[she looks sidelong at the Ten through veiled lashes, her expression more sneering than ever]
Finrod: [very serious]
Is this going to do you any good?
What does that matter?
[to her father]
Oh, but I was defiant, I was strong -- I hadn't let them break me, and I would not be broken. No matter what. And he didn't say anything, not a word, just smiled at me, while I stood there shaking from hunger and cramped muscles, weeping in the torchlight, and telling myself, and him, in my mind that it was purely physical reaction, and meaningless, and believed it. Some of his minions carried in a block of iron, by the rings set in its sides -- it was huge, the size of a wall-stone, too massive to be moved by any one's strength, not even one of us. I stared at it, trying to think what new torture it could be for -- I couldn't see any moving parts, except for the circular handles -- but I didn't show them my fear. I would not. And then they chained me to one of the rings, and I laughed inside to think that all this terror had been for but another beating -- that there was nothings o effective as the fearful mind for defeating itself, and all that was needed was true Eldar spirit, to withstand the vaunted Power of the Terrible One. I actually pitied the Grey Kindred at that moment, for all their terror of him and his kind, poor weaklings without the resistance of our people.
[she gives a quick glance towards the Youngest Ranger]
I was such a fool.
[to the Lord Warden of Aglon]
--I told you there was more to your brother's story. They dragged him in -- and what a reunion that was, when I hadn't known he was there -- or even still alive -- or he the same of me. His defiance, and challenges, and brave words in my behalf -- they would have made your heart blaze with pride, I'm sure, as they did mine. It never occurred to us -- to me, at least, and I'm sure to him as well -- that we were nothing new, nothing the Enemy and his followers hadn't seen a hundred times before -- our courage, or ignorance. We were so sure that the Dark was weaker than our love, that nothing could defeat us, even though they killed us -- even though they made hideous sport of us first.
I don't know what Sauron wanted from him. I don't know that he wanted anything, and would have killed him whatever he chose. I've always assumed that -- that he died simply because of me -- but perhaps that's but my arrogance as well. I don't know, now.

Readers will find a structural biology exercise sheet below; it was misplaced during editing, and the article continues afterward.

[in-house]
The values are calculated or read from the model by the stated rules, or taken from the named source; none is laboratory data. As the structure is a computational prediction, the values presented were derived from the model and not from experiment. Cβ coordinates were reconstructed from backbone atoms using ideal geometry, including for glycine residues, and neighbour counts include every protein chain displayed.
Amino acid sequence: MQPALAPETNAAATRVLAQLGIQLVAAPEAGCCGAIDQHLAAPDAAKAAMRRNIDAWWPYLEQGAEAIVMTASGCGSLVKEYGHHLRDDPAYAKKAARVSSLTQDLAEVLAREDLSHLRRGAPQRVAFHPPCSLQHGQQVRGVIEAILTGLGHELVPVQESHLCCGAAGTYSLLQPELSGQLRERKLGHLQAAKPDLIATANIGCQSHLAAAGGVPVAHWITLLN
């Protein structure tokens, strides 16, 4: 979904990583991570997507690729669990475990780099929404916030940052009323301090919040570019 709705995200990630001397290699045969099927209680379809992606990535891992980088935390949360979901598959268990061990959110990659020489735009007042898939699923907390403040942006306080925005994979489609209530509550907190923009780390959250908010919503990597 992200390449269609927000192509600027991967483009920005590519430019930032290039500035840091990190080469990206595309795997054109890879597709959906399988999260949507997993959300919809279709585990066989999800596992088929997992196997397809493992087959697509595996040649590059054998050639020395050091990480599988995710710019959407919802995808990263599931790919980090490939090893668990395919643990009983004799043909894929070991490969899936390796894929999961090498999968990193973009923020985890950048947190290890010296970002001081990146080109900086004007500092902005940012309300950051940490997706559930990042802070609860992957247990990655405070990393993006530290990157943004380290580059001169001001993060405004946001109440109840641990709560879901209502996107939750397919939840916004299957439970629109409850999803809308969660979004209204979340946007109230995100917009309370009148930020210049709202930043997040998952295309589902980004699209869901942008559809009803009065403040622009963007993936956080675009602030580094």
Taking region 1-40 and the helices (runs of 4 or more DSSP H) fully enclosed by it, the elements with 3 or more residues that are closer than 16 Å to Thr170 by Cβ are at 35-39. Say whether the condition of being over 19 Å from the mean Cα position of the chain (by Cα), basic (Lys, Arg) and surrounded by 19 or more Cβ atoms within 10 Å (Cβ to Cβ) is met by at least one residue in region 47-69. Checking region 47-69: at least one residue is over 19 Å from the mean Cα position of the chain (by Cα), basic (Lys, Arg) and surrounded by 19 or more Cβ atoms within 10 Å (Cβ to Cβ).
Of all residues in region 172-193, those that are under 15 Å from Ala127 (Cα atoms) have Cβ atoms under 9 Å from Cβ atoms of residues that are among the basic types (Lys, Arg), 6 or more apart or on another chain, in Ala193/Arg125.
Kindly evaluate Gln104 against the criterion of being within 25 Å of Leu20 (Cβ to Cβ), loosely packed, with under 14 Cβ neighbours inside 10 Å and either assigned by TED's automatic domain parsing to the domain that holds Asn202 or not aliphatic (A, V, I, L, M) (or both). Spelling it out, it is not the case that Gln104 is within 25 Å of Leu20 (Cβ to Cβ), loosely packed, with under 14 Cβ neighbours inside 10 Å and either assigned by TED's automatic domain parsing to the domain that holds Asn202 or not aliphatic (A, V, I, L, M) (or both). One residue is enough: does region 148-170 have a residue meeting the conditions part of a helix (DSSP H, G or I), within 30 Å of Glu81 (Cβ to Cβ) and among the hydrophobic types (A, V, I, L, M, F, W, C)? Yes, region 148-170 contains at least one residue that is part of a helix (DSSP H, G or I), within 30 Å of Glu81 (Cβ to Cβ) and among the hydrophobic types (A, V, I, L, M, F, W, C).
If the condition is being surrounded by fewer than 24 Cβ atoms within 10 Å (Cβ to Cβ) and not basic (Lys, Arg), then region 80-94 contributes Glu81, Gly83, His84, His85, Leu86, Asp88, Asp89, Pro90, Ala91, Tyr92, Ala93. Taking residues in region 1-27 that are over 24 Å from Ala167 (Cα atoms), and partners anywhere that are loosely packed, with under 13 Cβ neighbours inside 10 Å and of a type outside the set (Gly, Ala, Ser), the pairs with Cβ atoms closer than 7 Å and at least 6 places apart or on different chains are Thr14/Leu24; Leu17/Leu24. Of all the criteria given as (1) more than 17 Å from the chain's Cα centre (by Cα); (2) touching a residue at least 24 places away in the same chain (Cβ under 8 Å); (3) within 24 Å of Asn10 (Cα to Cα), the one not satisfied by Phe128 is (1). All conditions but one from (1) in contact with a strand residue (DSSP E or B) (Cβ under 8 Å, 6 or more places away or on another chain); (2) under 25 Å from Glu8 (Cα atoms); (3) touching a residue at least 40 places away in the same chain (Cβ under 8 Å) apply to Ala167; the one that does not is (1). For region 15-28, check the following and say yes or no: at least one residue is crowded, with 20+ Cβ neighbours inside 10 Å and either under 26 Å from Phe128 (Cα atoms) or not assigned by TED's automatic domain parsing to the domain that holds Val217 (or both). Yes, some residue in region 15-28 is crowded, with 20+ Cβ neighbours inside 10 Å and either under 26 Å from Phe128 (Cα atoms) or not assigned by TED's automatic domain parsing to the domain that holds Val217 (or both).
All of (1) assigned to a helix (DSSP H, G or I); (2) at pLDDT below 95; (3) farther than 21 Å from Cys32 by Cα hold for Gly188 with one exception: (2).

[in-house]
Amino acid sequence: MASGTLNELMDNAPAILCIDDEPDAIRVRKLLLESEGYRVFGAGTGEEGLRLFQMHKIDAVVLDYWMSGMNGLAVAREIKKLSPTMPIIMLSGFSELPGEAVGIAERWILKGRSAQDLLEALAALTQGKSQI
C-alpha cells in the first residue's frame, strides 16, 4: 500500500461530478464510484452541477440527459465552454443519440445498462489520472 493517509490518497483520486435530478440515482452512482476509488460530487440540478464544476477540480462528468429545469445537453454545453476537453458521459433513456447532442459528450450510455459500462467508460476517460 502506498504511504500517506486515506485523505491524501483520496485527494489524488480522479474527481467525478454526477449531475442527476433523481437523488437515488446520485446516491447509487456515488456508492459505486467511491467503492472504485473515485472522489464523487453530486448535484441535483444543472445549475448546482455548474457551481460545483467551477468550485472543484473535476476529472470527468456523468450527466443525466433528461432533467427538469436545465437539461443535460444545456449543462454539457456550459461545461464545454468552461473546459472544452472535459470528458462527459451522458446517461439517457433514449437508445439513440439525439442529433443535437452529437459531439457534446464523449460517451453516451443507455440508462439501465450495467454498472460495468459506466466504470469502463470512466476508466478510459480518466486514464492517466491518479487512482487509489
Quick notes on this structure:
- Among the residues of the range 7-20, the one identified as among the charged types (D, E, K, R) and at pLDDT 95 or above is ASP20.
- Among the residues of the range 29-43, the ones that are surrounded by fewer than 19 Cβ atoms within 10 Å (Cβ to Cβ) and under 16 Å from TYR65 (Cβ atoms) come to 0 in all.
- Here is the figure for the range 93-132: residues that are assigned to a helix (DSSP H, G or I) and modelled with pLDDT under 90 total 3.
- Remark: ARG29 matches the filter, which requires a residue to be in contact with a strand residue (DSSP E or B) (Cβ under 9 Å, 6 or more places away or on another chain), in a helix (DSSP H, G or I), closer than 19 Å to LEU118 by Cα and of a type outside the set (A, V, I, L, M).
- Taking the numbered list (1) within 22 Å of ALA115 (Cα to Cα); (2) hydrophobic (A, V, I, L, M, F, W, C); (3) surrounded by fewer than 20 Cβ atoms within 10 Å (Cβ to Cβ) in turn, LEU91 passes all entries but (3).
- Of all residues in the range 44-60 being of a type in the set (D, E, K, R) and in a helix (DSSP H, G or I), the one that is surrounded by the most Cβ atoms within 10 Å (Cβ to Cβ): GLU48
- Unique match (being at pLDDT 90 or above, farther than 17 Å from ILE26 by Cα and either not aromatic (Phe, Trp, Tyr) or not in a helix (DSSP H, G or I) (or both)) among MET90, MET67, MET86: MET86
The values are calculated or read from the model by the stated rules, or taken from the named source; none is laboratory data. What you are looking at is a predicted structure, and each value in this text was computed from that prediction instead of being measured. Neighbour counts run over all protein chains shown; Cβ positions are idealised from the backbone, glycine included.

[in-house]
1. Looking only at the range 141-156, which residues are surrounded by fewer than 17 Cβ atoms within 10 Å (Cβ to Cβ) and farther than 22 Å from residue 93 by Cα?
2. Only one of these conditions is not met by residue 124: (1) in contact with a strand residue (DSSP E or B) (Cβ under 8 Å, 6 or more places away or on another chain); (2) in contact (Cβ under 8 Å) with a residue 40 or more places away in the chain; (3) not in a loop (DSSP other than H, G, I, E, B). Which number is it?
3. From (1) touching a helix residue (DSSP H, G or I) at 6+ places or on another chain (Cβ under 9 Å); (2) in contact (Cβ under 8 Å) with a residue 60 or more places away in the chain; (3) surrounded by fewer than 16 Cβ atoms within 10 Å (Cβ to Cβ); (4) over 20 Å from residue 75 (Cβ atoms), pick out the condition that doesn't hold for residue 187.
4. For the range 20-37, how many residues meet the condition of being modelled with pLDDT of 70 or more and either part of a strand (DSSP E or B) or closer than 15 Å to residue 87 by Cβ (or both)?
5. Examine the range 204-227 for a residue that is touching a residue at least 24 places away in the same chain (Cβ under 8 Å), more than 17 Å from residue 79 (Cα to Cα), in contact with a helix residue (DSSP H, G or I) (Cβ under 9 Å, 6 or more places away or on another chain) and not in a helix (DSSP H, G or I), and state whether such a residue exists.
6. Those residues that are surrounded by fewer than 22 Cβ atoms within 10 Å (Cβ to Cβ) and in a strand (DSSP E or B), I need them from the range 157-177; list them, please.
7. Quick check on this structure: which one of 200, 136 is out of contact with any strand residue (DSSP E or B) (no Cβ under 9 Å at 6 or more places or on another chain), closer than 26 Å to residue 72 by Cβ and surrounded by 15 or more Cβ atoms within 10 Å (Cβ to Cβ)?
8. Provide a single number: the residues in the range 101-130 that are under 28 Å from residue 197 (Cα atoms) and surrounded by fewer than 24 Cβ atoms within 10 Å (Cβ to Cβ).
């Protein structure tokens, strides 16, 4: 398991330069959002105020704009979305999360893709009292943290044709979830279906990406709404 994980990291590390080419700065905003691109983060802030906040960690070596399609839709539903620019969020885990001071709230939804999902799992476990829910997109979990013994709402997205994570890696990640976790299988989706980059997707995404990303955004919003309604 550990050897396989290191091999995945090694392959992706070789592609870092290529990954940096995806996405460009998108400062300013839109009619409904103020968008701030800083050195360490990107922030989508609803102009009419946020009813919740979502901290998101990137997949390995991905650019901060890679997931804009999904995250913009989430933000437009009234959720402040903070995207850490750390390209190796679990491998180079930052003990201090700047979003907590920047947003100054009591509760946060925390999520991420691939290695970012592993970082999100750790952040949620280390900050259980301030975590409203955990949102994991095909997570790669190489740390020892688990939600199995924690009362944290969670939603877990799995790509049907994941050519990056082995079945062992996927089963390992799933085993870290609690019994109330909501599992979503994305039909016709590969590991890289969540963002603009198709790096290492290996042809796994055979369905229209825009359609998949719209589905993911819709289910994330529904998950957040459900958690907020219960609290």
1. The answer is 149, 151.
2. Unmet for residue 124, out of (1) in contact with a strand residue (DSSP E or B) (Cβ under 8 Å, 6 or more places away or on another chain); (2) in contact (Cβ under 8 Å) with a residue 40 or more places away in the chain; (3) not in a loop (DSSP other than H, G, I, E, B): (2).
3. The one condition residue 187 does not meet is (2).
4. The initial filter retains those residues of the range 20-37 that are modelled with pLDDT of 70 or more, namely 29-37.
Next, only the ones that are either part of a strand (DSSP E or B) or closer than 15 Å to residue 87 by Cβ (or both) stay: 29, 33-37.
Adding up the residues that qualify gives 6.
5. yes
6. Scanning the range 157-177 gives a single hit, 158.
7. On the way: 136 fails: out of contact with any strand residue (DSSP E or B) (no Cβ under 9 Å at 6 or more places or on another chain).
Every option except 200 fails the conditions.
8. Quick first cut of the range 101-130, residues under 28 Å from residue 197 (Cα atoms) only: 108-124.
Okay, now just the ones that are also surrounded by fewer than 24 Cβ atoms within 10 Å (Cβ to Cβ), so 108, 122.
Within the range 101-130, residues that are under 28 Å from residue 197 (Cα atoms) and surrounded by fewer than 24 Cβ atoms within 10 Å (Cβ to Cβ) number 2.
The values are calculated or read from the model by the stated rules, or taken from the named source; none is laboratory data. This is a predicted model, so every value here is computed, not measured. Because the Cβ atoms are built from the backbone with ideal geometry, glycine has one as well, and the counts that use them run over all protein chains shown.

[pulling herself together, in her sarcastic tone again]
So there we were, both cuffed to this block in the middle of the floor, not enough length to the chains to reach across it nor around it and hold hands -- but by leaning over it as far as one could stretch, we managed to touch another way -- I must have looked as frightful and orc-like as he did, but that didn't matter. The soldiers applauded and made all sorts of comments, but we didn't care about that either. There was just us, and the Dark didn't matter. Then -- something growled above us, and we broke apart so fast I split my lip on his teeth -- or mine, couldn't tell -- and tried to get away, crawling back as far as the chains would allow.
Not -- not a Balrog?
[his daughter shakes her head, smiling a little]
No. A Werewolf. The big silvery one, the captain of his elite guard. Oh yes. You've seen Wolves before, seen his minions out and about, fought them, fled them, killed them -- they're not so terrible, truly, no more than the Orcs, isn't that so? Stronger, swifter, a little more canny, in strange ways, harder to understand -- but not like the Fiery Ones, the commanding demons of our Iron God. Wargs can be answered with a spear, a sword, an arrow or a word on the wind to bear your scent elsewhere or blind them to you --Nothing like Balrogs, right?
[she looks at her former comrades and relatives with a self-mocking sneer, while they avoid her eyes]
That depends. On where you are in relation to 'em, and if they know you're there or not.
[she doesn't turn towards him, but the slight lift of her chin acknowledges his words, while she continues to stare at her parent]
Handcuffed on the floor, waiting for an execution order, looking at those dripping fangs, those glowing eyes -- it was, for me, at least. No fire left, not even embers of that blaze that was so bright -- both of us like grubs, dug up from their roots, writhing in the cold air -- no voice left to speak defiance, nor love, now. This was his place, and his power, and no other song is possible in his presence, far less than our common Master though the Terrible One might be. He strode through my shields as though they were not even there, and I realized that nothing had been hidden from him, all along, and that there is no hope.
[though she does not, others cannot help but glance at the Nargothronders -- who look sorry for her, but not particularly fazed, Finrod least of all, as the former Healer continues:]